BRUSSELS/NEW YORK — American Express has bought a global license to
use a Belgian company's chip technology in the smart card systems it has under
development through a series of pilot programs.
Specifically it has put Banksys' proton technology to work as an “electronic
purse” in a year long-test with about 2,000 marines in Jacksonville, NC.
The Belgian chip, Banksys commercial director Armand Linkens explained, “puts
much more functionality on the chip card.” Proton's advantage lies in payment
applications for small sums.
“You load cash in small denominations on the chip card and use the card to pay
for small items like hamburgers. It is much faster than cash. It gives you exact
change all the time. It is cleaner than cash. Cash can be quite dirty.”
The chip card also offers merchants greater security, Linkens said, because they
need to keep less and perhaps no cash in their drawers, thus protecting them
from theft or holdups.
Special terminals deduct purchases from the card, making customer movement
out of the store much faster as well, Linkens said.
The AmEx test allows marines to activate the e-purse and “load personal funds
from their Marine Federal Credit Union account,” Amex spokesperson Molly
“They can then use the smart card to make purchases at popular locations on
base, including the Officer's Club, bowling alley, barber shop and vending
machines and can reload funds as needed into the e-purse.”
The test began late last year and is scheduled to run for a year. It is one of several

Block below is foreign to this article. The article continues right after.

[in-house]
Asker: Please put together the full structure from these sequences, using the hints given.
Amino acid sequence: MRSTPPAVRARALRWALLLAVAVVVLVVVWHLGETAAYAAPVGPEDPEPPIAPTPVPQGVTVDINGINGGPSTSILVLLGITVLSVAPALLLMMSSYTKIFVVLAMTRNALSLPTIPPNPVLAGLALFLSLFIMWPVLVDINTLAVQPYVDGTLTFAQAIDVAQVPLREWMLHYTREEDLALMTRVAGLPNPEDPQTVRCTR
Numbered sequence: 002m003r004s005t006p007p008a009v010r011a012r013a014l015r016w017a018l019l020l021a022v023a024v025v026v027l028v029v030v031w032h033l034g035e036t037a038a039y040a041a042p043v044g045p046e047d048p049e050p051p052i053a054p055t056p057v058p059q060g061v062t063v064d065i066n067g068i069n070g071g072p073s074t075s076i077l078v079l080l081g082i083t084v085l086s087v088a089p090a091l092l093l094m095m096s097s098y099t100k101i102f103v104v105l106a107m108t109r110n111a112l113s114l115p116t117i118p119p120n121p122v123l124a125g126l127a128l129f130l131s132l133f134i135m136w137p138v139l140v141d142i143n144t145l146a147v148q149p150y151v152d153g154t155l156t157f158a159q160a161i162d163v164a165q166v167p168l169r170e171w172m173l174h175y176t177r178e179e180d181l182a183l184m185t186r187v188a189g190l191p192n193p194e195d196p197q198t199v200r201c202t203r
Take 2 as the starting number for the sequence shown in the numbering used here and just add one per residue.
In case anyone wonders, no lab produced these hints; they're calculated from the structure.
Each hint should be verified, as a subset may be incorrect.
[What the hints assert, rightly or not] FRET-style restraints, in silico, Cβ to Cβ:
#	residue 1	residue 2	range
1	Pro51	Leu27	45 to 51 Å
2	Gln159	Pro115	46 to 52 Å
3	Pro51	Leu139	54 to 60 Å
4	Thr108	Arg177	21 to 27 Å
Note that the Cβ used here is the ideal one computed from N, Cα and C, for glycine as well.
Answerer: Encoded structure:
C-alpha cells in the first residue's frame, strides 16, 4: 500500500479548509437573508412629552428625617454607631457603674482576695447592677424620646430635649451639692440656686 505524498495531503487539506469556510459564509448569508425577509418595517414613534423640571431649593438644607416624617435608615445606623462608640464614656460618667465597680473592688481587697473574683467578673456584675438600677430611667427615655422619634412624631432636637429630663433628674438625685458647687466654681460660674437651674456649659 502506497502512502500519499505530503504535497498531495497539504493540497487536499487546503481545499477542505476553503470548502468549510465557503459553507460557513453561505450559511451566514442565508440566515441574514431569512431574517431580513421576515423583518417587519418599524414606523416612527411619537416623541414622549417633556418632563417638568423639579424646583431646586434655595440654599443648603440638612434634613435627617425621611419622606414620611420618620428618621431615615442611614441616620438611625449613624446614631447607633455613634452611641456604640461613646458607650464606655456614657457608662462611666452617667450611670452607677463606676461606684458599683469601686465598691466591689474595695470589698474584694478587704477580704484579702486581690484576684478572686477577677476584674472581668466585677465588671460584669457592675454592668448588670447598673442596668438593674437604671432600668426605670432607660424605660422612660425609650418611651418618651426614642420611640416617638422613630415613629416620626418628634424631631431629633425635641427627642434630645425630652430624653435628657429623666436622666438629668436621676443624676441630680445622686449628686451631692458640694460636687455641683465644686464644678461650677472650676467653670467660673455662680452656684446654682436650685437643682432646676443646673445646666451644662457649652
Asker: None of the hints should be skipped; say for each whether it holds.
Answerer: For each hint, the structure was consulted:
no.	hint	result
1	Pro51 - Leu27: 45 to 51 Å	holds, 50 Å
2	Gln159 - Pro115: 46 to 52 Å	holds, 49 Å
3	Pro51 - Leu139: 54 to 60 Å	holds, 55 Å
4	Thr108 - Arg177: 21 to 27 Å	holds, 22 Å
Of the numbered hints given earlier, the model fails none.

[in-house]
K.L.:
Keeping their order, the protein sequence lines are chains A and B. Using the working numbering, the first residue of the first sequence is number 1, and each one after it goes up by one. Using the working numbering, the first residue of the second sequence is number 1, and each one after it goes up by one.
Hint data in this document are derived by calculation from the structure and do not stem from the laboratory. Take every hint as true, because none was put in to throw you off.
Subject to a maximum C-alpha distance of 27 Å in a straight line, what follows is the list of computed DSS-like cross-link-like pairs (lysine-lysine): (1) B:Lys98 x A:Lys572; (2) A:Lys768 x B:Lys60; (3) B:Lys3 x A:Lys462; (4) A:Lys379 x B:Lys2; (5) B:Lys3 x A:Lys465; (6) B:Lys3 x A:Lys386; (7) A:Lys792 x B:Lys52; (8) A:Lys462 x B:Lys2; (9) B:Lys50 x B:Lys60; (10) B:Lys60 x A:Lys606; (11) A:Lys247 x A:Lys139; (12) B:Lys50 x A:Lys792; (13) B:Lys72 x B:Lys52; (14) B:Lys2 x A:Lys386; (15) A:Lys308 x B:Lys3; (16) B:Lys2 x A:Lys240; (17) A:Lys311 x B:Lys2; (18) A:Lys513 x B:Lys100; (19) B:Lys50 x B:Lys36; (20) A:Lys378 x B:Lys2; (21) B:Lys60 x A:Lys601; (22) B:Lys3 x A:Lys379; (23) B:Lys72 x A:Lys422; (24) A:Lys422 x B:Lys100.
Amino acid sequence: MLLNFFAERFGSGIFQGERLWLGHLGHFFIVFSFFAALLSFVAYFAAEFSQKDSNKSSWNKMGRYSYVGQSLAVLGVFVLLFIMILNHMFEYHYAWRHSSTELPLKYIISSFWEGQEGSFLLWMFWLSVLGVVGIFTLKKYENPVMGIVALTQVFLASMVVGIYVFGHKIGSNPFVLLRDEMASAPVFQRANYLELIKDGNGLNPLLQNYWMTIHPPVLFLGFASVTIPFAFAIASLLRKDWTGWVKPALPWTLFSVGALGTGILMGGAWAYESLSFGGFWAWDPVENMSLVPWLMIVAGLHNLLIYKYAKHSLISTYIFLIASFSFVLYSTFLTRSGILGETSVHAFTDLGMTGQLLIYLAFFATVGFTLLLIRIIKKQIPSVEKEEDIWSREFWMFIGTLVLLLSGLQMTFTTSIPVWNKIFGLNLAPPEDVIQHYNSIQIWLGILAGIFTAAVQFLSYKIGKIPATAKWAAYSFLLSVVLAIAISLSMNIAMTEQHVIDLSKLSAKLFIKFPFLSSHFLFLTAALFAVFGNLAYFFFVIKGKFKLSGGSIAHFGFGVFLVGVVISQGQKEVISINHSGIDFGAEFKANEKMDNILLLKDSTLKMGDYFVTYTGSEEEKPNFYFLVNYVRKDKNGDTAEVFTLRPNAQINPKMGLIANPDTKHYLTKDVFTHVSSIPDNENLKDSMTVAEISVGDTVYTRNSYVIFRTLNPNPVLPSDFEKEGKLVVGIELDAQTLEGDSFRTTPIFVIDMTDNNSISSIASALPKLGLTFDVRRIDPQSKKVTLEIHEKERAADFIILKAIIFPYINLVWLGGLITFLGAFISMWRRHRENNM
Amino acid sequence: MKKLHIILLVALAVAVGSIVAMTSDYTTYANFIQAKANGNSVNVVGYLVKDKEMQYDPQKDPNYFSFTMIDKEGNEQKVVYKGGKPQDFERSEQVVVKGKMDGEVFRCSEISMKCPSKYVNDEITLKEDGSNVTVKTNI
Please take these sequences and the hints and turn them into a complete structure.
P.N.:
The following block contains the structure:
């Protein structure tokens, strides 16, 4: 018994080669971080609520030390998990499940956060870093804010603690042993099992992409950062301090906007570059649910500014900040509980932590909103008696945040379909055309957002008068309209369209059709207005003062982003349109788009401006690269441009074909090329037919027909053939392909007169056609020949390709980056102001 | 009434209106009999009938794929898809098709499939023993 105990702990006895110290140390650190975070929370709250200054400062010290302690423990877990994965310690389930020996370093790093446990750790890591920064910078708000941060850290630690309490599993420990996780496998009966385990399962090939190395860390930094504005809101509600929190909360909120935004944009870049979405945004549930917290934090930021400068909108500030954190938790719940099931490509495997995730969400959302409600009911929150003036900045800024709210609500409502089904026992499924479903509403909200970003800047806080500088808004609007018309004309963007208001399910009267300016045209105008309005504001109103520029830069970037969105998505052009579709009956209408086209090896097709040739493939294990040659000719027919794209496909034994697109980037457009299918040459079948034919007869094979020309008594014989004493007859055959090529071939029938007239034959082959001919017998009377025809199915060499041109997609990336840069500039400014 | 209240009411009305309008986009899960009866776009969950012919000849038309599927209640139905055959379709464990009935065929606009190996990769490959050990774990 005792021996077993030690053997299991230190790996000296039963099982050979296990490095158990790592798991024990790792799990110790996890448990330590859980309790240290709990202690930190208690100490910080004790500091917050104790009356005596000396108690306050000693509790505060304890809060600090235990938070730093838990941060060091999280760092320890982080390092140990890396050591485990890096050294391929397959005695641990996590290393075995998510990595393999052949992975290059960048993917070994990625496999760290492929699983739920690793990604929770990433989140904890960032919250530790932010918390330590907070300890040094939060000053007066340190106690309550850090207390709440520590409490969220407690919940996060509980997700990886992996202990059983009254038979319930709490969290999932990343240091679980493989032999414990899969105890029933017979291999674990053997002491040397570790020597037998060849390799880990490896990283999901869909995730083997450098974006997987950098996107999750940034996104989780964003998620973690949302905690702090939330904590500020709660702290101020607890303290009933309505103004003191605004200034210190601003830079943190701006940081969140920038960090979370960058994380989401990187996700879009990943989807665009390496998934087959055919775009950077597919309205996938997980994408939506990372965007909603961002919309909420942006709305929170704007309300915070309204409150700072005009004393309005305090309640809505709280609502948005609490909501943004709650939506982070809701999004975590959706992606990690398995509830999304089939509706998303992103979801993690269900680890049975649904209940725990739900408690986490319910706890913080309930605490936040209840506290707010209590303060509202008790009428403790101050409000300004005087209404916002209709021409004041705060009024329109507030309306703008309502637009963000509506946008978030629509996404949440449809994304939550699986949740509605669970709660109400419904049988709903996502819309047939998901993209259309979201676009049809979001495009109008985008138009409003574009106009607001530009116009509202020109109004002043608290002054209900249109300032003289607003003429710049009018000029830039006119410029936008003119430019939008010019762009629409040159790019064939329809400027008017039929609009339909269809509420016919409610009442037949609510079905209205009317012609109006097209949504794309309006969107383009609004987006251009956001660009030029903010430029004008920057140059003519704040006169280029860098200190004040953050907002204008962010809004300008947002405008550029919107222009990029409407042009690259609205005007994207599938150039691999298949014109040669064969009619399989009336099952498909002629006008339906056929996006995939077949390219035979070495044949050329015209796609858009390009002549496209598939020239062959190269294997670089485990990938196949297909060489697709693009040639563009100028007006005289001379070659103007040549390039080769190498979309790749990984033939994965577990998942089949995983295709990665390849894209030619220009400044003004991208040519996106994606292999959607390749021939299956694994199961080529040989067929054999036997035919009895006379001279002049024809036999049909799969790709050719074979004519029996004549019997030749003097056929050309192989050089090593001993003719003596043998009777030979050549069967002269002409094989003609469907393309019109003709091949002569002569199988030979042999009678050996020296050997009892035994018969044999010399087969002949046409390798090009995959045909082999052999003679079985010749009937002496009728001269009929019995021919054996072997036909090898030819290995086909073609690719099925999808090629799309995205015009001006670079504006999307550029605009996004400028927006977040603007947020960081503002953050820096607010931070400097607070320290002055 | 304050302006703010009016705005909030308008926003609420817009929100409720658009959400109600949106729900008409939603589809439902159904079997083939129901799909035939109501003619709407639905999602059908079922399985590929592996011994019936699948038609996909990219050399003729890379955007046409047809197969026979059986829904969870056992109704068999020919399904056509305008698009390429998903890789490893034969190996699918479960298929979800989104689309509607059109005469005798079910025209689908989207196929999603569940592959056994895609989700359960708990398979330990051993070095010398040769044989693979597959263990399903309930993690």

American Express is running to find the mix of technologies that will make the
chip card more useful to card holders.
Other pilot tests with Continental and American Airlines are using smart cards for
faster airport check-in and access to VIP lounges. It also allows quicker check in
and check out at eight Hilton hotels participating in the test.
Europeans, Linkens argued, may be ahead of the US in application of smart card
technology which is already more widely used than in the US. In fact, however,
applications are most widespread in the Benelux countries.
The Netherlands, for example, has a wide array of bill-paying applications that
can be handled with smart cards. Introduction of the Euro at the end of next year,
experts predict, is likely to increase smart card use.
The Euro and national currencies will co-exist for three years, a period likely to
bring a fair amount of confusion to the payment of small bills to local merchants.
The question is, these experts said, is how quickly the necessary scanning
machinery can be installed in local shops. They also noted, however, that more
extensive US testing is likely to come up with a better performing product.
And they pointed to the French minitel as an example. The small computer
installed in millions of French homes as an advanced telephone book has been
overtaken by more modern technology and helped put France at a disadvantage
in the high tech race.